Missouri State Capitol

Jefferson City
Completed: 1917
Architect: Tracy & Swartout

Photos: Robert Deering 9/2/2014

Beaux Arts style capitol building with central circular drum tower that is capped with a dome and cupola. It is approximately 262 feet tall. The present Capitol, completed in 1917 and occupied the following year, is the third Capitol in Jefferson City and the sixth in Missouri history. The first seat of state government was housed in the Mansion House, Third and Vine Streets, St. Louis; the second was in the Missouri Hotel, Maine and Morgan Streets, also in St. Louis. St. Charles was designated as temporary capital of the state in 1821 and remained the seat of government until 1826 when Jefferson City became the permanent capital city. The first Capitol in Jefferson City burned in 1837 and a second structure completed in 1840 burned when the dome was struck by lightning on February 5, 1911.


ORIGIN OF STATE NAME: Named after Missouri Indian tribe whose name means "town of the large canoes"


STATE MOTTO: Salus populi suprema lex esto (The welfare of the people shall be the supreme law)

1845 PREAMBLE: We, the people of Missouri, with profound reverence for the Supreme Ruler of the Universe, and grateful for His goodness, establish this Constitution...

ADDRESS:  201 W Capitol Ave, Jefferson City, MO 65101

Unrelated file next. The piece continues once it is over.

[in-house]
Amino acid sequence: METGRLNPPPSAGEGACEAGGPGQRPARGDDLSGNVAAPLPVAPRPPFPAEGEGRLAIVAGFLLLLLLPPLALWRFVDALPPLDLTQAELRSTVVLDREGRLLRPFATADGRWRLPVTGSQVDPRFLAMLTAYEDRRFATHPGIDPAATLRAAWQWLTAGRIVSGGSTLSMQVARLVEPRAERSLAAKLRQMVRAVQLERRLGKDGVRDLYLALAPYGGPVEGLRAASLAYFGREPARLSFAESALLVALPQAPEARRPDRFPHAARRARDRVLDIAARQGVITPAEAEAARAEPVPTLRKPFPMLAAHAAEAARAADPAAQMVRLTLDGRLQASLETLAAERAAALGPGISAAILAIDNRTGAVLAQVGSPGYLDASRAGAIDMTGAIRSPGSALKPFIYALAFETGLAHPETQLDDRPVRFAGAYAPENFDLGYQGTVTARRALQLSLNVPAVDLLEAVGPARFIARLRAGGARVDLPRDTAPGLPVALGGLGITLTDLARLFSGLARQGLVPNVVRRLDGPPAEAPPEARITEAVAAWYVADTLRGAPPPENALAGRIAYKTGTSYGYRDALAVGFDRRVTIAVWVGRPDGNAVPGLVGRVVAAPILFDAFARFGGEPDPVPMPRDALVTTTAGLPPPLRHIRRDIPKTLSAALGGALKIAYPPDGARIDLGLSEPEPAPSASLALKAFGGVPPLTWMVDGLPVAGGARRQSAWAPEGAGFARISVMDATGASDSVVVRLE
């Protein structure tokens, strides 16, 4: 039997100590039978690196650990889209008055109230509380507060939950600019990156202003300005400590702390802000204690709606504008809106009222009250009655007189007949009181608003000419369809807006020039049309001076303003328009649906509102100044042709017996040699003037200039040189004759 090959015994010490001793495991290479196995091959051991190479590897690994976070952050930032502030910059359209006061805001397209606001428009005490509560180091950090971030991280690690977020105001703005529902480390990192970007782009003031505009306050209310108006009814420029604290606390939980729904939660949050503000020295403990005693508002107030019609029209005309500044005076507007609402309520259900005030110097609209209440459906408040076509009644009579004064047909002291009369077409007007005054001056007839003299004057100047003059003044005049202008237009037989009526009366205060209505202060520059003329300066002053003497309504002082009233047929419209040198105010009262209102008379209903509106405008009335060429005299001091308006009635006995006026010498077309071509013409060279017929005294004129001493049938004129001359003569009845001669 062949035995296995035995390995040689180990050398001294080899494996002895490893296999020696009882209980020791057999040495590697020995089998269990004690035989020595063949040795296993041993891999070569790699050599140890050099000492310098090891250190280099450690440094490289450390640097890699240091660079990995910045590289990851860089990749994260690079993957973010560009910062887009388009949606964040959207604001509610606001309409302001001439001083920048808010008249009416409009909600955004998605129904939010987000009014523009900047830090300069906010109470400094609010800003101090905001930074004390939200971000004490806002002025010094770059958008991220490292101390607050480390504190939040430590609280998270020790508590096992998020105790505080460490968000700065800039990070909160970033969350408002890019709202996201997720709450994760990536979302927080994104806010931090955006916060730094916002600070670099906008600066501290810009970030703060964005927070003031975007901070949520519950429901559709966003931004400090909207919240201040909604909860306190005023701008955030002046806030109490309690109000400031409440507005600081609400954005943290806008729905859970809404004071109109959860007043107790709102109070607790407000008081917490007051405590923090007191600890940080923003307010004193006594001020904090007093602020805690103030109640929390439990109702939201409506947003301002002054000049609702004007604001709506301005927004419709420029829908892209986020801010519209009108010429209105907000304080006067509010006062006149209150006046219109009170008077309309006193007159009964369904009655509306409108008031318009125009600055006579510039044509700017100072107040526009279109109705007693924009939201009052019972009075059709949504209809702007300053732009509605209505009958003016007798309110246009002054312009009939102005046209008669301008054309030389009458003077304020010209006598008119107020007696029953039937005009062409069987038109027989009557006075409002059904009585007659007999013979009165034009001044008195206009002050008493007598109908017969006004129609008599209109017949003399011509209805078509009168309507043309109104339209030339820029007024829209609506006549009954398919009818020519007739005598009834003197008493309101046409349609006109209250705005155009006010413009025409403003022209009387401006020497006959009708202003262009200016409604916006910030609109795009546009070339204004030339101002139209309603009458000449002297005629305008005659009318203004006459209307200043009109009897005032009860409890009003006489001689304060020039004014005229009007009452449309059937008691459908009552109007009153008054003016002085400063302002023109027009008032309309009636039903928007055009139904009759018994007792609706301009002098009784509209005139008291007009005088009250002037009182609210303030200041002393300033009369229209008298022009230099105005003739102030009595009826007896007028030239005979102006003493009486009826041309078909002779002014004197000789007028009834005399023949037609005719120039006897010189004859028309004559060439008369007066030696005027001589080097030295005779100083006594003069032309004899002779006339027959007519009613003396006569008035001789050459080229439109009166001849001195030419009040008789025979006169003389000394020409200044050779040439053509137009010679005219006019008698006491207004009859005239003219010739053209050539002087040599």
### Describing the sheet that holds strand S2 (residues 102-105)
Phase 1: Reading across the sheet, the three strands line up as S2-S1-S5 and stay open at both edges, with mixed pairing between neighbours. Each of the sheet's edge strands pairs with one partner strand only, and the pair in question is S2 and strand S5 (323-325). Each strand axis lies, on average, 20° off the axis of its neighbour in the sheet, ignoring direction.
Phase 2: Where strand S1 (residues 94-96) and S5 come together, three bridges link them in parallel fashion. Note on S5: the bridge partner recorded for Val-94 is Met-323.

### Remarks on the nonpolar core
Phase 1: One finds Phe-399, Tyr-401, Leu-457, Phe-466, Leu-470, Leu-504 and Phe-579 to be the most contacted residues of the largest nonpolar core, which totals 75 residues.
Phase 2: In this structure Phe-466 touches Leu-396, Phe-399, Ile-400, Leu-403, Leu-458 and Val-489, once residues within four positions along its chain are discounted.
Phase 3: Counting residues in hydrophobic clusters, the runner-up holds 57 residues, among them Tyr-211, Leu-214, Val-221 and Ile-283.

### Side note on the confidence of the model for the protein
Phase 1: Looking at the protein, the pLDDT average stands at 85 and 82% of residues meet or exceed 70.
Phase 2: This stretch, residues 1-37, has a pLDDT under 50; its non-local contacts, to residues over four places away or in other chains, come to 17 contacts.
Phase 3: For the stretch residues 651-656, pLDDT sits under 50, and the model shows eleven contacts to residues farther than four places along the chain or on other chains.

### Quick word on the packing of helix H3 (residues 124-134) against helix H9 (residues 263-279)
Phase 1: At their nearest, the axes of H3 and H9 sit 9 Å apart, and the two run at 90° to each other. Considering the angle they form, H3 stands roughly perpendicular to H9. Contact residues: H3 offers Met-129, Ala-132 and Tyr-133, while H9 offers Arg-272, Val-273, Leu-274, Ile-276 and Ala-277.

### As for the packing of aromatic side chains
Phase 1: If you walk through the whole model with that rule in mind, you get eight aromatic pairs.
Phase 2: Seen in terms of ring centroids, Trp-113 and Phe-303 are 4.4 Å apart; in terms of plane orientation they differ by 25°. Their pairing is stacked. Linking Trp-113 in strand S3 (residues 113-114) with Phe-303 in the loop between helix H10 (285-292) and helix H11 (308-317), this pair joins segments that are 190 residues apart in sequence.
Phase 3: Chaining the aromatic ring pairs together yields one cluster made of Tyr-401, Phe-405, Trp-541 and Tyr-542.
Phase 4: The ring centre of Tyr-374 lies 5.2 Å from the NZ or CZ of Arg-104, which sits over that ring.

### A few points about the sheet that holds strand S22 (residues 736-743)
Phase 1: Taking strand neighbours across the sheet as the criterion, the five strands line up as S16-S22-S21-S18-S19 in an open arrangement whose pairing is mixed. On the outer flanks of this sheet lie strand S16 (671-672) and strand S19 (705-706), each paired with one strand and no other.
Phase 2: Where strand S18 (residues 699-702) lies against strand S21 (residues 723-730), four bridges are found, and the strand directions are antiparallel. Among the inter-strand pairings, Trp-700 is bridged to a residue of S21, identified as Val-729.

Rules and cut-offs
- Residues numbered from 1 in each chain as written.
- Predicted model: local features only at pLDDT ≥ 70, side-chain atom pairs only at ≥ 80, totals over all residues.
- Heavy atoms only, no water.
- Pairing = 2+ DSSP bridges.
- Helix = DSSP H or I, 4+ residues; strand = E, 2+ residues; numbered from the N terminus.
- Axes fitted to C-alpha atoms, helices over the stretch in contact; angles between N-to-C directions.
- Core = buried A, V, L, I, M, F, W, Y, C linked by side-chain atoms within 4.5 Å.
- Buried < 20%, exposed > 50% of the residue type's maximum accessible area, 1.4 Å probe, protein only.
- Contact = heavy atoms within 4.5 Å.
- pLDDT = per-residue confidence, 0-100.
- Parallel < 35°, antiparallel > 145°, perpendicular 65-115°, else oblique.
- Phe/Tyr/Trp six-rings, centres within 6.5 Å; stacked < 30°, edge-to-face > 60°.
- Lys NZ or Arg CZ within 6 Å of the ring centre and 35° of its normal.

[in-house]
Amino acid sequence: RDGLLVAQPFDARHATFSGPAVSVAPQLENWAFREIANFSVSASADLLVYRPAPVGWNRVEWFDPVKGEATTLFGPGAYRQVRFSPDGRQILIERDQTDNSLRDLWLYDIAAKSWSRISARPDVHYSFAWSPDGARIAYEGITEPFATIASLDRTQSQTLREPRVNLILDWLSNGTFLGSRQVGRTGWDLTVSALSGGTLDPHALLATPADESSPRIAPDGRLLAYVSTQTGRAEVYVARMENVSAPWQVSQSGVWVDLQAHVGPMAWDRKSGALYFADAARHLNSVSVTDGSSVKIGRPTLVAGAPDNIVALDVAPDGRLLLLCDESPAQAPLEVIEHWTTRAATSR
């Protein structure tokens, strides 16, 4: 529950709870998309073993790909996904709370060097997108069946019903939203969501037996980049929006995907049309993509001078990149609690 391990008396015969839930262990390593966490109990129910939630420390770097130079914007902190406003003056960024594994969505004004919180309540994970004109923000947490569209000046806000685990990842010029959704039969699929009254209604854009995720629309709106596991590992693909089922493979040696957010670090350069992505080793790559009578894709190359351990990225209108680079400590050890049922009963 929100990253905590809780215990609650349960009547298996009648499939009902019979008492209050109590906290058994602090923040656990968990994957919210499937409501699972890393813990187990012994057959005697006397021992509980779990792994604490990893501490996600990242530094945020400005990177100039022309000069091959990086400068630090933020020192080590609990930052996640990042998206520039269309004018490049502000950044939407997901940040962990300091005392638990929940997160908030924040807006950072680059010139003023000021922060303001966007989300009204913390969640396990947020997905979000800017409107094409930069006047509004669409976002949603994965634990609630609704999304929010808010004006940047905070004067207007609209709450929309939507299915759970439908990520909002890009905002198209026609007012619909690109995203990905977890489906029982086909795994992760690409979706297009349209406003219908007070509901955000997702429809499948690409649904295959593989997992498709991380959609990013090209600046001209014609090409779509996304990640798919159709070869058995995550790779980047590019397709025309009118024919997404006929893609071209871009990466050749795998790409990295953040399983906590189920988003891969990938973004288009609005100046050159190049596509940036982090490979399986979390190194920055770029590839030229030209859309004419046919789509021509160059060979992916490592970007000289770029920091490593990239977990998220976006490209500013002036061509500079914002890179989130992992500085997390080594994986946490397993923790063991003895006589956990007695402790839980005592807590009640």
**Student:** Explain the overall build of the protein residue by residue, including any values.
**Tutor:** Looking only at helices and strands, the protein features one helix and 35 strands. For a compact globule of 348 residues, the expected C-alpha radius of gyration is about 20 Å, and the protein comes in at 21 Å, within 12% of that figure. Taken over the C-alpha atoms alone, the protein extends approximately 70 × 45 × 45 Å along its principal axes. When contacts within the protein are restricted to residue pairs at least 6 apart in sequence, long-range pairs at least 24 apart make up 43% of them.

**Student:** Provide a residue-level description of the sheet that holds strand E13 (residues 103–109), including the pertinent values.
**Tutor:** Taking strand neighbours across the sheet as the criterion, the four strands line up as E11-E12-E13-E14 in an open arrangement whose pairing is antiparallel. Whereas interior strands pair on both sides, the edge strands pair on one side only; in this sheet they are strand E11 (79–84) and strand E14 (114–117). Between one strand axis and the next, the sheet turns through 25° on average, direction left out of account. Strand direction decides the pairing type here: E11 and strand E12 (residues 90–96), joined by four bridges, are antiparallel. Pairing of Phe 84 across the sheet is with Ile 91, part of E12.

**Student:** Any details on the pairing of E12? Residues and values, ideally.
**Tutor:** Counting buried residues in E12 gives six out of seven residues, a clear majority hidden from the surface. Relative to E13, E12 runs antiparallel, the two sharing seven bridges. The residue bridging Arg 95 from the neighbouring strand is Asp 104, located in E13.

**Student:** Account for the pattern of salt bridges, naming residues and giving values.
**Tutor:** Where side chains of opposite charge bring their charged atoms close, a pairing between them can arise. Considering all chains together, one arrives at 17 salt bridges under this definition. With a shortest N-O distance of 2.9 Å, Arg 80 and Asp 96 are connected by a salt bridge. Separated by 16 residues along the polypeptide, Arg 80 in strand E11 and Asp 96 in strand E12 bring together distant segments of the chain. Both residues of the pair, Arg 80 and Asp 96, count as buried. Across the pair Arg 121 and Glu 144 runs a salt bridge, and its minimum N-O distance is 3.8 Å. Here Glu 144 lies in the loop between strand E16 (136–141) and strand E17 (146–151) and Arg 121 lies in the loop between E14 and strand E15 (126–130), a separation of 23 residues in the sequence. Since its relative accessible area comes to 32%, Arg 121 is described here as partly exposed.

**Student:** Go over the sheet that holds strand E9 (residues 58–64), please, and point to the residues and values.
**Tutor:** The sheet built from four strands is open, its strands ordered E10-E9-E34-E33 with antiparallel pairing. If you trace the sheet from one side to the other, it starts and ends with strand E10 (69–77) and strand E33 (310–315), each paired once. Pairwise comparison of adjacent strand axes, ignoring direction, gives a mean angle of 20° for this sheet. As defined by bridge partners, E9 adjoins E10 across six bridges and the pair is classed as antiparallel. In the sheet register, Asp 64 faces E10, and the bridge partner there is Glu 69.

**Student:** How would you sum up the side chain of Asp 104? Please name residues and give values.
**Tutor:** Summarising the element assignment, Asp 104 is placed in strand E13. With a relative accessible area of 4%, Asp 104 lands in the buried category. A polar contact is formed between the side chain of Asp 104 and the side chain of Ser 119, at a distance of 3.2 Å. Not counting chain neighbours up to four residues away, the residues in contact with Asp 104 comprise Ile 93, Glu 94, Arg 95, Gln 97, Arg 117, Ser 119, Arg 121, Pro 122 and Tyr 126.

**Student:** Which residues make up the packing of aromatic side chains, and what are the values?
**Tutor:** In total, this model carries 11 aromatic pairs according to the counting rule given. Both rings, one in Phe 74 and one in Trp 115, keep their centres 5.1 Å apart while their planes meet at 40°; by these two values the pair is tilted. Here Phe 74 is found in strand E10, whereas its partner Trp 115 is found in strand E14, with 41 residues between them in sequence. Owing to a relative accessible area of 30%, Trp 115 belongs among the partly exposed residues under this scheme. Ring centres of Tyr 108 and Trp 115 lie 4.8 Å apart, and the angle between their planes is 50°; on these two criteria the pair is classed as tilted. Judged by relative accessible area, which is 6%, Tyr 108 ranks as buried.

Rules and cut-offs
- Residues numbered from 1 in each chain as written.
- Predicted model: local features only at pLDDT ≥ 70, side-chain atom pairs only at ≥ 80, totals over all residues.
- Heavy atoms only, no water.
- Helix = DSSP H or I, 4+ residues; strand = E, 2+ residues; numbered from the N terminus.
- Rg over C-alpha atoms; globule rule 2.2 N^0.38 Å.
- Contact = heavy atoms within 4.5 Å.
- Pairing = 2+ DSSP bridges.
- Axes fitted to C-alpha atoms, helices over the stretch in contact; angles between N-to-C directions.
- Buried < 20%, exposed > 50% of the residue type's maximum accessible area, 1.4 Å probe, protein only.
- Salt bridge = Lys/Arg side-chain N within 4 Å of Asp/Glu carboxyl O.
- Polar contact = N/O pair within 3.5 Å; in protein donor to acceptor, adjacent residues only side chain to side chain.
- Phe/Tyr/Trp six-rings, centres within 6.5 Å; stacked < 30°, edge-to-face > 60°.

Robert Deering
At the Missouri State Line

Photo: Ferdie Deering 1950

Robert & Cheryl Deering
In at the Missouri State Capitol

Photo: Ferdie Deering 1950

Robert & Cheryl Deering
In at the Missouri State Capitol

Photo: Ferdie Deering 1950

Old Capitol Building

St. Charles
Completed: 1821

Stock Photo

Before Missouri was granted statehood on August 10, 1821, various locations in St. Louis has served as the seat of government for territorial affairs. Until the new Capitol could be constructed on an undeveloped tract of land located in the center of the state overlooking the Missouri River, several cities vied for the honor of hosting the temporary seat of government. The citizens of St. Charles, located on the Missouri River at the end of Boonslick Road, pledged free meeting space if their city was choosen.

The meeting place for the state legistators was provided on the second floor of a Federal-style brick building, owned by merchants, Charles and Ruluff Peck, and a craftsman named Chauncey Shepard. The floor was divided and used as Senate and House chambers, an office for the governor, and a small committee room.  The building served as Missouri's first State Capitol from 1821 to 1826. 

After years of decay, the state of Missouri bought the Capitol complex in 1961 and began a ten-year restoration project that initiated the revitalization of the historic core of St. Charles. Eleven rooms in the complex have been restored. The Peck brothers' residence and general store also have been restored and furnished as they might have looked in the mid-1800s.

ADDRESS: 200 S. Main, St. Charles, Missouri